The S-Word: A Response to More Than a Succubus

A response to More Than a Succubus: Confessions of a Shiksa, published in our Web Magazine on Feb. 13, by Ellen Jaffe-Gill:

I had taken a stand on the Yiddish word shiksa long before the afternoon I visited my husband’s Hebrew class. Having learned, while researching a book on intermarriage, that it (and its male form, shaygetz, and the plural shkotzim) derived from a Hebrew word meaning “abomination,” I was already gently correcting people who used it, asking them questions like “An abomination — is that really how you think of your daughter-in-law?”

Then one day I celebrated the meeting of a major deadline with a day off, a nice lunch, and a little text study at the University of Judaism in Los Angeles, where my husband had been enriching his life studying classical Hebrew on Wednesday afternoons. The class was looking at I Kings, chapter 11, in which Solomon wrong-headedly builds altars to pagan gods for his foreign wives.

Most Hebrew vocabulary is organized into families of three-letter roots, and I recognized the Hebrew root shin-kof-tzadi spelling the word shikutz before I looked at the translation.

“Hey, there’s the root for shiksa,” I said. “Is ‘abomination’ an accurate translation of shikutz?” I asked the teacher, a native Israeli.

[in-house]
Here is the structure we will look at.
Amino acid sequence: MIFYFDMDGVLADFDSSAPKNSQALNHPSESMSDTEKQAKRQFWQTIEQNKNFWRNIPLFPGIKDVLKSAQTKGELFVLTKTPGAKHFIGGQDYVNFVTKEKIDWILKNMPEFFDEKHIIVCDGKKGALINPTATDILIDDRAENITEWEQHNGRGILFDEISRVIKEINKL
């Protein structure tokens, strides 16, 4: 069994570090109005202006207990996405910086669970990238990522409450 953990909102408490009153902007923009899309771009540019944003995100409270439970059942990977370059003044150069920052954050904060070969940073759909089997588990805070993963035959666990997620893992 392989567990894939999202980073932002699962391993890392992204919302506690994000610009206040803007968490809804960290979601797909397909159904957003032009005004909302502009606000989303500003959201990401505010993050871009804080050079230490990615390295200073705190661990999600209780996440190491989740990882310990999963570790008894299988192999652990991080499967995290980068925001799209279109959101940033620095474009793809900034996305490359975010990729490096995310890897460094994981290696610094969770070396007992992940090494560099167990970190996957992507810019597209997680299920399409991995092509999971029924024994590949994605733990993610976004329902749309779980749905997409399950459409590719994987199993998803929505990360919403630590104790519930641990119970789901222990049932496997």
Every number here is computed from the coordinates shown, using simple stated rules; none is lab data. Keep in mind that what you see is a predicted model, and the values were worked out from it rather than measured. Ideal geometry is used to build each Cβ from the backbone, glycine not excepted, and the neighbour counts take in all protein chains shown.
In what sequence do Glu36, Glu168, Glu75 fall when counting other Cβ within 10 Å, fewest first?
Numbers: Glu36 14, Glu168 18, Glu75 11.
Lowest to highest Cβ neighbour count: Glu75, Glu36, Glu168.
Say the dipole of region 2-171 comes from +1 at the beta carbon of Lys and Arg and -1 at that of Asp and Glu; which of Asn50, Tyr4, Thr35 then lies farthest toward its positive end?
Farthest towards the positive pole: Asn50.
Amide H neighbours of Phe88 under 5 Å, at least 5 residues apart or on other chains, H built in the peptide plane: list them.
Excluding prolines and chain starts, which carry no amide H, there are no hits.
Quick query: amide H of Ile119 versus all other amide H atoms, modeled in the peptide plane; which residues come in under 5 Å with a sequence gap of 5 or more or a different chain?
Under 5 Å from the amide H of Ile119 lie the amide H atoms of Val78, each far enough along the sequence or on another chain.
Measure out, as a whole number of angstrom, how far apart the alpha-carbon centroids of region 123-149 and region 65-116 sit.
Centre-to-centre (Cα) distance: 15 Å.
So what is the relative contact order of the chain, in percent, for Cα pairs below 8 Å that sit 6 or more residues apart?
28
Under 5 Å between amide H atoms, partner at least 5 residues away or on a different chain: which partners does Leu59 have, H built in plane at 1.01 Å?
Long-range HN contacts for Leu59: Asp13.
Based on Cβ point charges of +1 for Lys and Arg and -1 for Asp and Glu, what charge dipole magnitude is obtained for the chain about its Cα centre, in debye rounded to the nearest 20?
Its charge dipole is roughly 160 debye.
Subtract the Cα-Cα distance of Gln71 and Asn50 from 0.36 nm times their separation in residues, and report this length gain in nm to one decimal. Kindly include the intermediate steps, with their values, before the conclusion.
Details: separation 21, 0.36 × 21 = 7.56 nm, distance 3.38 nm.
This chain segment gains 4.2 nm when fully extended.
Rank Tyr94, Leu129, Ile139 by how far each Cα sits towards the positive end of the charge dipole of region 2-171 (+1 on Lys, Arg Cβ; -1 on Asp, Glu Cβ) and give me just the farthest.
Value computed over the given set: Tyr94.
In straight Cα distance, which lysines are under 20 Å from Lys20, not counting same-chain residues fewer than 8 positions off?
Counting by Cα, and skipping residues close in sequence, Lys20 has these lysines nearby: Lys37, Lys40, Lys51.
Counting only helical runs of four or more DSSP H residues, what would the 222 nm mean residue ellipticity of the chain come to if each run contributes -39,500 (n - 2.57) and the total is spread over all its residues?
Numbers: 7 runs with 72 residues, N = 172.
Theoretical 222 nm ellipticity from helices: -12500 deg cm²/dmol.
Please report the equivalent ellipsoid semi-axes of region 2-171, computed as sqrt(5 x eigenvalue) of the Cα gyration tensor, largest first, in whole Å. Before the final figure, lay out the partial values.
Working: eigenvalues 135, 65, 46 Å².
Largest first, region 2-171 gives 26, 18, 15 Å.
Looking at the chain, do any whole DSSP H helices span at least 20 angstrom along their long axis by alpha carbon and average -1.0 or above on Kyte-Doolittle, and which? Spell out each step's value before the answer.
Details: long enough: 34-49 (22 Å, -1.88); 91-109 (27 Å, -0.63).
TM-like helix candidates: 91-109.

“Yes,” she said. “Literally, it means a slimy, crawly thing.” In modern Hebrew, I found out later, depending on the dictionary you look in, shin-kof-tzadi is still the root for words whose meanings range from “loathe, abominate” to “unclean insects.”

That’s when a program of gentle reminders became a crusade. I began e-mailing copy editors whenever I saw the s-word used outside of direct quotation. My response to anyone who tells me, “Oh, I don’t mean it in a nasty way,” is “Would it be okay for her to call you a kike if she didn’t mean it in a nasty way?”

Yiddish and Hebrew are wonderful languages, full of metaphor and color, but they aren’t particularly polite. The Hebrew word for “female,” after all, is the same as the word for “hole,” and the literal meaning of the Yiddish word “bupkes,” generally used as a synonym for “nothing,” is actually “goat dung.”

Accordingly, sometimes we Americans need to depend on the richness of English to label and describe without insult, unwitting or not. I will prevail on anyone who will listen to consider the s-words to be as inappropriate as any other ethnic or racial pejorative, especially when they’re referring to people who are, after all, members of their families.

Around our house, we don’t consider that political correctness. We believe that not referring to people with pejorative labels comes under the heading of something our parents taught us: good manners.

Cantor Ellen Jaffe-Gill is author of Embracing the Stranger: Intermarriage and the Future of the American Jewish Community (BasicBooks) and editor of The Jewish Woman’s Book of Wisdom (Citadel Press).

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